Pennsylvania State University
                                         University Park, PA 16802

  Mature specimens of Viburnum opulus and cultivars ‘Leonard’s Dwarf’ and ‘Roseum’ were assessed over 2
  years for flower and seed production, seed germination, and seed viability as determined by a tetrazolium test to
  understand their invasive potential. ‘Aureum’, ‘Compactum’, ‘Losely’s Compact’, ‘Nanum’, and
  ‘Xanthocarpum’ were also tested for germination and viability of seeds. Cultivars differed in flower and seed
  production, seed germination, and seed viability. ‘Roseum’ prolifically produced highly viable seed that
  germinated at moderate rates under greenhouse conditions (8,354, 100%, and 73%, respectively). Viburnum
  opulus and ‘Leonard’s Dwarf’ produced fewer viable seed which showed moderate to low germination rates
  (609, 100%, and 53%; 712, 100%, and 5%, respectively). ‘Aureum’ and ‘Xanthocarpum’ seeds germinated at
  moderate rates (55 and 25%, respectively) and were highly viable (100%). ‘Compactum’, ‘Losely’s Compact’,
  and ‘Nanum’ germinated at low rates or failed to germinate (0, 0, and 5%, respectively), yet seeds were
  moderately viable (37, 65, and 55%, respectively). Seeds of all cultivars germinated at low rates or failed to
  germinate at both outdoor sites (0 to 5%) which suggests these plants may be weakly invasive. Short-term
  studies on biological traits such as these provide only limited information to assess the invasive potential of
  Index words: European cranberrybush viburnum, invasive, greenhouse, landscape, forest, ornamentals.
  Species used in this study: European cranberrybush viburnum (Viburnum opulus L.) and cultivars ‘Aureum’,
  ‘Compactum’, ‘Leonard’s Dwarf’, ‘Losely’s Compact’, ‘Nanum’, ‘Roseum’, and ‘Xanthocarpum’.
  Chemicals used in this study: Roundup (glyphosate), N-(phosphonomethyl)glycine; Basamid (dazomet),
  Tetrahydro-3, 5-dimethyl-2H-1, 3, 5-thiadiazine-2-thione; Tetrazolium Red (TTZ), 2, 3, 5-Triphenyltetrazolium
J. Environ. Hort. 27(1):37–41. March 2009

     Butterfly Feeding Preferences for Four Zinnia
                              Kenneth V. Yeargan2 and Sarah M. Colvin3
                  Department of Entomology, University of Kentucky, Lexington, KY 40546

  Zinnias are recommended frequently for inclusion in butterfly gardens as nectar sources for adult butterflies, but
  little is known about butterfly preferences for different zinnia cultivars. We compared numbers and species of
  butterflies that visited four widely available zinnia cultivars: Zinnia violacea Cav. (formerly Zinnia elegans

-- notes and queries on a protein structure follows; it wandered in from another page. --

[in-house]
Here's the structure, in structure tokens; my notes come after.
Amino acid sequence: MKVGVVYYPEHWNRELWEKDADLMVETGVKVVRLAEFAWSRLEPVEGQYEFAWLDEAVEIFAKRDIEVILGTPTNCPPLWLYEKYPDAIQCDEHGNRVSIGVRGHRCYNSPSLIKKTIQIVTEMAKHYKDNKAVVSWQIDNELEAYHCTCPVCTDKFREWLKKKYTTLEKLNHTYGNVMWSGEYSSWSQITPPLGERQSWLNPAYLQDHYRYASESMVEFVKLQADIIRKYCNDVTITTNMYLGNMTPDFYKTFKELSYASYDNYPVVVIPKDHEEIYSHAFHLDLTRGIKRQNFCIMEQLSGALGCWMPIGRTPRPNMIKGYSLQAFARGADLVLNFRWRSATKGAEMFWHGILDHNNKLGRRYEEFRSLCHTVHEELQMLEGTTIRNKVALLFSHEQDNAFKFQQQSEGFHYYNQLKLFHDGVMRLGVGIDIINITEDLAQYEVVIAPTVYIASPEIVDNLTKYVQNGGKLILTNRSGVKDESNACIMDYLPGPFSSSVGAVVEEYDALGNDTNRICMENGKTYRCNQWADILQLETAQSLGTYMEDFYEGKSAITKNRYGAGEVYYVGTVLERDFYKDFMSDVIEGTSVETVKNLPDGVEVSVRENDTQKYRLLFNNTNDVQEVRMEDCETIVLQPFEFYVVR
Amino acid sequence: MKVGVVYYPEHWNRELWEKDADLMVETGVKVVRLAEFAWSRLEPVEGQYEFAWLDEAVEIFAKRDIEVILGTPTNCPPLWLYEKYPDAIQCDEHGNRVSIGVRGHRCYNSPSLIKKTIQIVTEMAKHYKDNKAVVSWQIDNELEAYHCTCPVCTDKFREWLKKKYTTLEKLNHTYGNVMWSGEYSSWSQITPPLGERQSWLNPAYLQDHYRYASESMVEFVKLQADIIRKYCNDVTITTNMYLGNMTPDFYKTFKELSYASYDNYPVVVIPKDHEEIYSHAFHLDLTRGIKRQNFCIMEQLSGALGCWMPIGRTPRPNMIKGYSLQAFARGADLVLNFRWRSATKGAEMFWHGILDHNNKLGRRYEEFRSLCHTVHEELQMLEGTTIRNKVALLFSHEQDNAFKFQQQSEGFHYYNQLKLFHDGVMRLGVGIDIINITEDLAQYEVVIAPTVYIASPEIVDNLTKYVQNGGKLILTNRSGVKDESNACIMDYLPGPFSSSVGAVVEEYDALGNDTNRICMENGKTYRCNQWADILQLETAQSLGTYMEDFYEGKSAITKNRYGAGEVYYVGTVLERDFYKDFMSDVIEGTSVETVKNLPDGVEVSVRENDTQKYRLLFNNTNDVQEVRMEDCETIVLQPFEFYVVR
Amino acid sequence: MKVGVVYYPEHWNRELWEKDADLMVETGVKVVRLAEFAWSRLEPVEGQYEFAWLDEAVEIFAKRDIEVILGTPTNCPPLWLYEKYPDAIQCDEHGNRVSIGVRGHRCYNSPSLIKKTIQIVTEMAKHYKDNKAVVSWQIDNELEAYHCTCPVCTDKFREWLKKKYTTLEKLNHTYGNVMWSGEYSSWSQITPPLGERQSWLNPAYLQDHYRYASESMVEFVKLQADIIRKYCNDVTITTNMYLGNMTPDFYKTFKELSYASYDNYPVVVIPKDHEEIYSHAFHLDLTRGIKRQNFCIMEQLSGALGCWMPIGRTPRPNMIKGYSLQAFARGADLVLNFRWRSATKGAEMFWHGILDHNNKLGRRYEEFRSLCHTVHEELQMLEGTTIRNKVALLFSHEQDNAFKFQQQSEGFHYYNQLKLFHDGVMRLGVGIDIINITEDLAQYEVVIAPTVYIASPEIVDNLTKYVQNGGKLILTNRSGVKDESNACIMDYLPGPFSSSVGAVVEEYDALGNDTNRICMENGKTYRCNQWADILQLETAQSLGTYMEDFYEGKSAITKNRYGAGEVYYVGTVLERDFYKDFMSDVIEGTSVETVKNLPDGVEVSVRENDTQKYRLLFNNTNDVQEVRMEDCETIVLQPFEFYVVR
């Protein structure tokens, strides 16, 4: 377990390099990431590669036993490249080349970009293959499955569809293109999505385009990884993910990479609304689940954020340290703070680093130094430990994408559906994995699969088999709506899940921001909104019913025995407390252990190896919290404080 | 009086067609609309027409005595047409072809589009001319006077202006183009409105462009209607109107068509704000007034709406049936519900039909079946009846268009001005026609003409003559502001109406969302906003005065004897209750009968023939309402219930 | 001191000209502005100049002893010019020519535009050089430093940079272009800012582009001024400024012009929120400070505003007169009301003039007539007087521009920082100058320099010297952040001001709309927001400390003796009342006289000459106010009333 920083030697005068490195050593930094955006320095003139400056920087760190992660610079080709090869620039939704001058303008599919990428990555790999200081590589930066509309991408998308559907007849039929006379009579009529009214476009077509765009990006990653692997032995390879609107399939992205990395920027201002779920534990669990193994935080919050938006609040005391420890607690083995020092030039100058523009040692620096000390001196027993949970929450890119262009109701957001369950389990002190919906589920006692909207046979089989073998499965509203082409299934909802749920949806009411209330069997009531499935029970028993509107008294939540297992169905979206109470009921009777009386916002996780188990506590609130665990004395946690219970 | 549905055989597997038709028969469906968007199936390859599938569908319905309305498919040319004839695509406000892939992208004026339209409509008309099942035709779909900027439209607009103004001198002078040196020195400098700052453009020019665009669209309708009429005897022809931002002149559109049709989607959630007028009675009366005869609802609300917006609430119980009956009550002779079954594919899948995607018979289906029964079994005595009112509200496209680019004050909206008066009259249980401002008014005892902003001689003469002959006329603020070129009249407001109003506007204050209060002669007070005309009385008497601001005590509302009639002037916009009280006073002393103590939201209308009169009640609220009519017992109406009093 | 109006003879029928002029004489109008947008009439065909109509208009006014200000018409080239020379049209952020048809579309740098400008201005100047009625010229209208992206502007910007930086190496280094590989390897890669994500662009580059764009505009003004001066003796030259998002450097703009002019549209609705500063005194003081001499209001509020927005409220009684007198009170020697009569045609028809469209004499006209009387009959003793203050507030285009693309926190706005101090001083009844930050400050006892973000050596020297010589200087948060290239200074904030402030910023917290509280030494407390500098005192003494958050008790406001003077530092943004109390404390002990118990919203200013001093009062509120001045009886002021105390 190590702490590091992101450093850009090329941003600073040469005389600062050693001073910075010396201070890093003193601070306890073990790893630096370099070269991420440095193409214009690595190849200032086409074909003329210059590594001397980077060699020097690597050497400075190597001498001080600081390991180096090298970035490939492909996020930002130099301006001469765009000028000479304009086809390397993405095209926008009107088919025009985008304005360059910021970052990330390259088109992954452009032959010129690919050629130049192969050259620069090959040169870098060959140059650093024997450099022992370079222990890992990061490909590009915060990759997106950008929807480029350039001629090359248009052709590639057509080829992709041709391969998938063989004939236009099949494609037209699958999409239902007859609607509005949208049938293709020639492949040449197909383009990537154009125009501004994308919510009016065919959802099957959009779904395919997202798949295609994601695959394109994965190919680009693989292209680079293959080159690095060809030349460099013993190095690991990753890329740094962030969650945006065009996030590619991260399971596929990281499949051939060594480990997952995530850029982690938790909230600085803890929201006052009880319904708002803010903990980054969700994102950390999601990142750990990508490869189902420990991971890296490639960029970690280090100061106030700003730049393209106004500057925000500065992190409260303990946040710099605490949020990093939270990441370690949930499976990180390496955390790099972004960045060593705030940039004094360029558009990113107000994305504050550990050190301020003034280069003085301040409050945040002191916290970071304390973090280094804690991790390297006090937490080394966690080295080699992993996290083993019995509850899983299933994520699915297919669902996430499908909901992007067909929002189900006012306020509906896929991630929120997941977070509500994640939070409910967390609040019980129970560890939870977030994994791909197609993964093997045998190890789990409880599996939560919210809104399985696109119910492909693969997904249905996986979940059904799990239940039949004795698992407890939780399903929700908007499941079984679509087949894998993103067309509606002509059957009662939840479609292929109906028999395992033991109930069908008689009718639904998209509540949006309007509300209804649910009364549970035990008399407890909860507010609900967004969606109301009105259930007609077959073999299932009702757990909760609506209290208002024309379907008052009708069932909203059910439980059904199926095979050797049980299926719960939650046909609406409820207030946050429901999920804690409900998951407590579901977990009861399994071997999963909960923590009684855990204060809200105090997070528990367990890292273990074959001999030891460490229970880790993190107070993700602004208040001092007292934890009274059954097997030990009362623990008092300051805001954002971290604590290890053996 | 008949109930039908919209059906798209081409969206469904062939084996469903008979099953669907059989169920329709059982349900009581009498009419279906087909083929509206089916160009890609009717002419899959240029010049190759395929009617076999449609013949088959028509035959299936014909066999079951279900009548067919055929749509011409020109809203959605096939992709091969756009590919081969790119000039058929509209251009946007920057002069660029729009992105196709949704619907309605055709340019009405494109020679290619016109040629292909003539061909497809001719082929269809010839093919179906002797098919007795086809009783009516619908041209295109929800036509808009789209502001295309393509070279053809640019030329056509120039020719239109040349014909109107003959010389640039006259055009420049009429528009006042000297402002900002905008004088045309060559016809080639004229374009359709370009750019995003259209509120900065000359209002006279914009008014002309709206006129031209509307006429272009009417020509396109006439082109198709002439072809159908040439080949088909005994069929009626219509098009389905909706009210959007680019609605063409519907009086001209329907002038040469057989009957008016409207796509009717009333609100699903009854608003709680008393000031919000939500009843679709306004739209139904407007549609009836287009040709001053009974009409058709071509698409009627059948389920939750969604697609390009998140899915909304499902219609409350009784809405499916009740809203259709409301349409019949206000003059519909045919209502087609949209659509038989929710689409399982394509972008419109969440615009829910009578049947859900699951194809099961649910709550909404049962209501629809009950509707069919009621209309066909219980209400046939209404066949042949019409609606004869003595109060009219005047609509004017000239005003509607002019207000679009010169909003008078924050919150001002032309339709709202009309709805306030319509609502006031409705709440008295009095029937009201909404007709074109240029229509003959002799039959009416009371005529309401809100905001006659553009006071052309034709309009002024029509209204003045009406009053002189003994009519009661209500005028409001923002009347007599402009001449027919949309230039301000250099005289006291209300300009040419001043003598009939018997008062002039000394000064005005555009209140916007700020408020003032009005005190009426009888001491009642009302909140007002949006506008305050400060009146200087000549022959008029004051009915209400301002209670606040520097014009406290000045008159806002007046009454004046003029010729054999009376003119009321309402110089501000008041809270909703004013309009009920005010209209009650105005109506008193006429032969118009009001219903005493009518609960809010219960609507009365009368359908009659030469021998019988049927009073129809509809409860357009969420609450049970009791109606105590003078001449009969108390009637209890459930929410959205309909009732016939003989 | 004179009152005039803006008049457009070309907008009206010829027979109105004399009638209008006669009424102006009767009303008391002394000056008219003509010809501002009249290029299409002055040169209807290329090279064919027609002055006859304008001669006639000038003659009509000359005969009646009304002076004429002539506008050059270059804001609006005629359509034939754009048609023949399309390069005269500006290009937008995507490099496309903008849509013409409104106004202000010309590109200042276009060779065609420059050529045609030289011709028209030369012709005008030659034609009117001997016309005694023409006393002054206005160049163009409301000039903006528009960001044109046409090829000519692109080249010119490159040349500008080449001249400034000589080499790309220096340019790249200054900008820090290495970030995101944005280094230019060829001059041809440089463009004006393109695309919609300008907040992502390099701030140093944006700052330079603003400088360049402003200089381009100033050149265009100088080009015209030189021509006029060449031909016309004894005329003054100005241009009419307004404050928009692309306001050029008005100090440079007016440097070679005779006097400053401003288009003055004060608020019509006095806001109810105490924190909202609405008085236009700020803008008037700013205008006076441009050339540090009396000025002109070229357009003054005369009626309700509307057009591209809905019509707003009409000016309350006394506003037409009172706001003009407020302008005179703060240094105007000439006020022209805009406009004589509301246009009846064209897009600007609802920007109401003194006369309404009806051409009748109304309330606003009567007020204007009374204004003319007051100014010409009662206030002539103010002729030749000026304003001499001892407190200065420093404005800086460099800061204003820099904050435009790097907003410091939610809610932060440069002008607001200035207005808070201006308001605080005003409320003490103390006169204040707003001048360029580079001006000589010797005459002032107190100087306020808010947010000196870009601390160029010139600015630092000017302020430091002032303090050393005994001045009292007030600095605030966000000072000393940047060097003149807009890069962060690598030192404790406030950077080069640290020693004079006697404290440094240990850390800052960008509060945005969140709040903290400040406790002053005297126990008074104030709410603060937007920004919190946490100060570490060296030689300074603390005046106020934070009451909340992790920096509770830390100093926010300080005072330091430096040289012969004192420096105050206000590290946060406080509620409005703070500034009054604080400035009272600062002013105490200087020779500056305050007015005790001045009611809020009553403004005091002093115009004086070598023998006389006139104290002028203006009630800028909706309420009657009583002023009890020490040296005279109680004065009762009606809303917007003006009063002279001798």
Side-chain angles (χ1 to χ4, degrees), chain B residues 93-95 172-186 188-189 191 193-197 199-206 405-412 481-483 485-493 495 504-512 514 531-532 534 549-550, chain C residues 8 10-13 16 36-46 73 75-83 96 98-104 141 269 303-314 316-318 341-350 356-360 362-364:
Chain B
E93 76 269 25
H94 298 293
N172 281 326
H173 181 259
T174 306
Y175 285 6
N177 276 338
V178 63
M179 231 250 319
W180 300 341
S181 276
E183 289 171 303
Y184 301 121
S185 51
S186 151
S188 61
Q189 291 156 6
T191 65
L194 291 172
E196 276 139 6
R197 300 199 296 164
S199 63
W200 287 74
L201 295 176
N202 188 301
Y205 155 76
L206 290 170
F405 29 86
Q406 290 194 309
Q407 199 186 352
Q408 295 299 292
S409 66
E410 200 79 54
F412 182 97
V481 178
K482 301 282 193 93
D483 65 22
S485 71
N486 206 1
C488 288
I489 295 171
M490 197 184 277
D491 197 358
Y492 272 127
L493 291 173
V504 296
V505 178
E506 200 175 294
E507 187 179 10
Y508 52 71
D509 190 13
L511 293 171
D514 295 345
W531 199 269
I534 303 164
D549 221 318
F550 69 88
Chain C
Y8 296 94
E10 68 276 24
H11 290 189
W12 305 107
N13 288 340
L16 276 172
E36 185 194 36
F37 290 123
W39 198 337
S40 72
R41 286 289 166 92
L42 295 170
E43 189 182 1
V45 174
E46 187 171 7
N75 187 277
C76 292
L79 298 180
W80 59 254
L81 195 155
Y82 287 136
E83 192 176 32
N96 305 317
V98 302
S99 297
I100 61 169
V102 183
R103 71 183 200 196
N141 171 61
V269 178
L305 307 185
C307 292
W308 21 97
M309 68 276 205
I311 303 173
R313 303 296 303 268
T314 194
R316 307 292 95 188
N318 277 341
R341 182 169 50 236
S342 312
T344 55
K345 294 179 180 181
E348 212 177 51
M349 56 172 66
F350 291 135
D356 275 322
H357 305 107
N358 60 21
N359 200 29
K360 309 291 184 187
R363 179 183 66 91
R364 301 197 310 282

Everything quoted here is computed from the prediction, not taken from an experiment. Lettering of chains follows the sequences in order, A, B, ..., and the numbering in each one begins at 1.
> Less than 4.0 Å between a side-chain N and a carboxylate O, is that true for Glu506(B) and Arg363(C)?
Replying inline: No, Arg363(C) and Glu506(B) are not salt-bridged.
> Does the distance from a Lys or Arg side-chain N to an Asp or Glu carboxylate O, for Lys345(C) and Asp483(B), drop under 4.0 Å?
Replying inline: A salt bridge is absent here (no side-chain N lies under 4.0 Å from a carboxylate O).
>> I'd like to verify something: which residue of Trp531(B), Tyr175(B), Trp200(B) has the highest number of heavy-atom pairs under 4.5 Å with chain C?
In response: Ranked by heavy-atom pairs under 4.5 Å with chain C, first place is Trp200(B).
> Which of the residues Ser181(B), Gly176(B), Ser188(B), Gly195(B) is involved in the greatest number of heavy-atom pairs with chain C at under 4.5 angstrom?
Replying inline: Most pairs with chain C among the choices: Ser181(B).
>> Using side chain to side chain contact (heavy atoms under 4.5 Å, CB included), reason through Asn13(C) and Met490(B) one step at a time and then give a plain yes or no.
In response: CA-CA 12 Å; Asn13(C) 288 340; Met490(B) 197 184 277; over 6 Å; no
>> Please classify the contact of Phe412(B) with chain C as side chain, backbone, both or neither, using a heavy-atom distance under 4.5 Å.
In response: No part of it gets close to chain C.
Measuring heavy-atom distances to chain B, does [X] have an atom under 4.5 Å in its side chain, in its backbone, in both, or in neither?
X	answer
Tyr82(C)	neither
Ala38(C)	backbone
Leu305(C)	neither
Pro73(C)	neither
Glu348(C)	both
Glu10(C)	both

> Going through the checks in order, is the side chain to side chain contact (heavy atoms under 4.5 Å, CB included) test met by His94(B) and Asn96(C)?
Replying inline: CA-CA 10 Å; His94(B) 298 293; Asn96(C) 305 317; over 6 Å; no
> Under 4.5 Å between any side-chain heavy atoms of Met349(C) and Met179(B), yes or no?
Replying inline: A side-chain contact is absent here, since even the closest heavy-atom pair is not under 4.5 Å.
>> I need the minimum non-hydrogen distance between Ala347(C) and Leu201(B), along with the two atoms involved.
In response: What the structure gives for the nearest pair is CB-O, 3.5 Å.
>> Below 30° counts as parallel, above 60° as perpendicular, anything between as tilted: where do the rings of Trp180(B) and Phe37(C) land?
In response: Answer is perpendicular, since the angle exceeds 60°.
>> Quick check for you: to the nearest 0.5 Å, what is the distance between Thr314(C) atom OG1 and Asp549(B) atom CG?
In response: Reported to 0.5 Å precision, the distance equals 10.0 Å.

Jacq.) ‘Lilliput’, ‘Oklahoma’, ‘State Fair’, and Zinnia marylandica Spooner, Stimart, and Boyle ‘Pinwheel’.
  Mixed colors were used for all cultivars. Based on a total count of 2355 butterflies, representing 30 species,
  more than twice as many total butterflies visited ‘Lilliput’ than visited any of the other cultivars. Also, a greater
  number of butterfly species visited ‘Lilliput’ than visited any of the other cultivars. More than half of the
  counted butterflies belonged to the family Nymphalidae, with members of the families Pieridae and Hesperiidae
  being the second and third most frequent visitors, respectively.
  Index words: Lepidoptera, flower visitation, butterfly gardens.
  Species used in this study: Zinnia violacea Cav. ‘Lilliput’, ‘Oklahoma’, ‘State Fair’, and Zinnia marylandica
  Spooner, Stimart, and Boyle ‘Pinwheel’.
J. Environ. Hort. 27(1):41–50. March 2009

   Performance of Mycorrhizal Products Marketed
           for Woody Landscape Plants1
                     P. Eric Wiseman2, Kristen H. Colvin3, and Christina E. Wells4
                    Department of Horticulture, Clemson University, Clemson, SC 29634

  Commercial products containing propagules of arbuscular mycorrhizal fungi (AMF) are widely marketed to
  improve woody plant performance in the landscape. However, the infectivity of these products has rarely been
  subjected to independent testing. We evaluated commercial AMF inoculants in a series of greenhouse
  experiments using corn (Zea mays), sorghum (Sorghum bicolor), trident maple (Acer buergerianum), and
  sweetbay magnolia (Magnolia virginiana) as host plants. In corn and sorghum, colonization rarely exceeded 5%
  when plants were treated with commercial inoculants. In contrast, viable lab-cultured inoculant of similar species
  composition yielded mean colonization percentages of 38 to 61%. Despite the near absence of colonization,
  commercial inoculants generally improved shoot growth and increased soil nutrient concentrations in a dose-
  dependent manner. Commercial inoculants had no effect on mycorrhizal colonization or shoot growth of trident
  maple or sweetbay magnolia liners. Product-treated magnolias grown from seed also developed little or no